“They stole glances at each other, the green girl and the queen of Oz. Those forgotten called forward, against their wishes, into themselves.”
—Out of Oz by Gregory Maguire
One incantation and we’re both laid bare, the maps
of our bodies changed, landmarks gone.
You are beautiful and I, I don’t know quite what
I am, only that I’m not what you bargained for.
This skin is unmistakable.
This skin makes me my grandmother, all the loathing and love of her.
This skin has always been there on the inside but now it’s turned out, painful.
This skin bears the burns from your fingerprints on its surface even though it is unlike anything you’ve ever touched.
This skin is sticky with you though nothing will ever be the same.
This skin will never feel you again.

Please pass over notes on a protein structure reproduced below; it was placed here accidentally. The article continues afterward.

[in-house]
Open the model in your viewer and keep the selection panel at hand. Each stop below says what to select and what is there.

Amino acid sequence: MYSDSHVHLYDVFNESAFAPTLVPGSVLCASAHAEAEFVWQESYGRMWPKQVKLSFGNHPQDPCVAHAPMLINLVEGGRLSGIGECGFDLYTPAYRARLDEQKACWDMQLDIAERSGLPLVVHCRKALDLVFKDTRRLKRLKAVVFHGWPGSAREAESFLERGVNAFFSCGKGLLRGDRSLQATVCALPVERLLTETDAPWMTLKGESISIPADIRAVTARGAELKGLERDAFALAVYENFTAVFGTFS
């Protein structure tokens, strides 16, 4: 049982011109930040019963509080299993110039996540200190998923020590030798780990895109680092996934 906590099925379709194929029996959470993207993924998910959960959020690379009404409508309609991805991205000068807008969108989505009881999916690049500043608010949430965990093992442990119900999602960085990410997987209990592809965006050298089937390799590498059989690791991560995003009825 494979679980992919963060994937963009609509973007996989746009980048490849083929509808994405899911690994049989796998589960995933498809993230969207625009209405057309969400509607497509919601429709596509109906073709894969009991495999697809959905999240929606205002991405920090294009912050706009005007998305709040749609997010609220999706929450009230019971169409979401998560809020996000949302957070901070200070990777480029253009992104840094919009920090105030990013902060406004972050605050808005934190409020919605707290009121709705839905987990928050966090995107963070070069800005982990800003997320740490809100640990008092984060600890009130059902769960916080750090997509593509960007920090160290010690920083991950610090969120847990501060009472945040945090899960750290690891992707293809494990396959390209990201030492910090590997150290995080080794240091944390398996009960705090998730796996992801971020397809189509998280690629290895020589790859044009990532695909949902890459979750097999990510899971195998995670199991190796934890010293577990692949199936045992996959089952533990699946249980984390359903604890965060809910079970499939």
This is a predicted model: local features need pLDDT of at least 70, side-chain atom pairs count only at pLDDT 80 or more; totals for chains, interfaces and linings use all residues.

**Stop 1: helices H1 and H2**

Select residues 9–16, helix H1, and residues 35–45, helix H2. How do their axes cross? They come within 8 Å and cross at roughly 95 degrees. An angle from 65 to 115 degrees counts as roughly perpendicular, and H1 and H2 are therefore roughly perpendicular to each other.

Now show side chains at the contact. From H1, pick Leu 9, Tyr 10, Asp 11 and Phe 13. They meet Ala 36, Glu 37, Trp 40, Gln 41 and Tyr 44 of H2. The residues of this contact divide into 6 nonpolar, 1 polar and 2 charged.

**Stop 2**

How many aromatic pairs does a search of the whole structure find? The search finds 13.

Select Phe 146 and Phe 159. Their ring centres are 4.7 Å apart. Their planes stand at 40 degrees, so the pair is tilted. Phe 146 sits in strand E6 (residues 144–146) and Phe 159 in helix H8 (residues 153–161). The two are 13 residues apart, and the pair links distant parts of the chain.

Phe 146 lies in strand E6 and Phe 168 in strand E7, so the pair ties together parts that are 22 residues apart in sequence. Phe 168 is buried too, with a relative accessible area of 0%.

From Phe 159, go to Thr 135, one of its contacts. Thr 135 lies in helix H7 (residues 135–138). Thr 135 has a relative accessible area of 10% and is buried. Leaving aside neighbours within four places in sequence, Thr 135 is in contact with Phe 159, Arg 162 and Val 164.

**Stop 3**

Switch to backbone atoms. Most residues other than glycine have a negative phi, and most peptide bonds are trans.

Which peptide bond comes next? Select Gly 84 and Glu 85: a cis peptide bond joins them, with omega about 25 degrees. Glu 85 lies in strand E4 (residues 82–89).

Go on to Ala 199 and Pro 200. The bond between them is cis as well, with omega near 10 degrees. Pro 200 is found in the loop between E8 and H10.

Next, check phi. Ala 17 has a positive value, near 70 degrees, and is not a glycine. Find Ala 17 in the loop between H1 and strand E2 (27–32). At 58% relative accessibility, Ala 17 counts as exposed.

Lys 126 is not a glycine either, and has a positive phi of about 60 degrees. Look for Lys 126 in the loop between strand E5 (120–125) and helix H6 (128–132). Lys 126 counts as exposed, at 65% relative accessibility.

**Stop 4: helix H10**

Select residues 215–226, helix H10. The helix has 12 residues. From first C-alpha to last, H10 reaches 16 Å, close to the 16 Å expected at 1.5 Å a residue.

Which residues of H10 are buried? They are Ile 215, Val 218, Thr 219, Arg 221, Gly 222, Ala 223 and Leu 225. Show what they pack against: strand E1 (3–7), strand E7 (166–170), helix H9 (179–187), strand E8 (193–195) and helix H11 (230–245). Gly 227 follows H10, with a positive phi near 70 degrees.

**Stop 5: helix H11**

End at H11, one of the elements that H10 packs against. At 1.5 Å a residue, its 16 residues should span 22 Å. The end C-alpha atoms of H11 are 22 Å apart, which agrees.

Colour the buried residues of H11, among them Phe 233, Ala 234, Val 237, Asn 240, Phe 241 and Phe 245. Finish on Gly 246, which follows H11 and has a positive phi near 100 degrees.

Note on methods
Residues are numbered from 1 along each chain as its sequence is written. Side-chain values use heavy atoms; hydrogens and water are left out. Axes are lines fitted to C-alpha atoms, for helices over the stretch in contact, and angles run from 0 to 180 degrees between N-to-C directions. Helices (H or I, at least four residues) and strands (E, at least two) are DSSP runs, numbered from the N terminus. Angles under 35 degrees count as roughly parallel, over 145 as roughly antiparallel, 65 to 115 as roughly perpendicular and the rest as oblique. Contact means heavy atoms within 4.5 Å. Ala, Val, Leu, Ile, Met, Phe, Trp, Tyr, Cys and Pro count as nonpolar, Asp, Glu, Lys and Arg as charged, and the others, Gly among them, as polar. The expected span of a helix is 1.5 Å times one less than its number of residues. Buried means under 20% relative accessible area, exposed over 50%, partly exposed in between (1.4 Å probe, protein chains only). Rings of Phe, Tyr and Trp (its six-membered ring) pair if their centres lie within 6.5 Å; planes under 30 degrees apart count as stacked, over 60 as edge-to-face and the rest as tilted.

This skin may never feel anything but the sting of night air.
This skin doesn’t feel like mine, so I pull my hair over my face, curtain myself away for just one last breath as me, alone.
When the shock clears I realize this
is who I am, this is why for years I felt the itchings
of something not right. Now everything fits me
but you. I love you still, I would hold you to this new body,
curve into you, show you every inch of me. But your shock
is disappointment, you yearn to back away. You will go
and mourn me and I will be alone, myself
but alone. Don’t you see these eyes, still the ones you looked to,
these hands that touched you, these lips?
I don’t dare speak with this new voice, don’t call
when you turn away. I watch you, I love you just a few moments
longer. Tonight I’ll sleep off our goodbye,
tomorrow begin anew.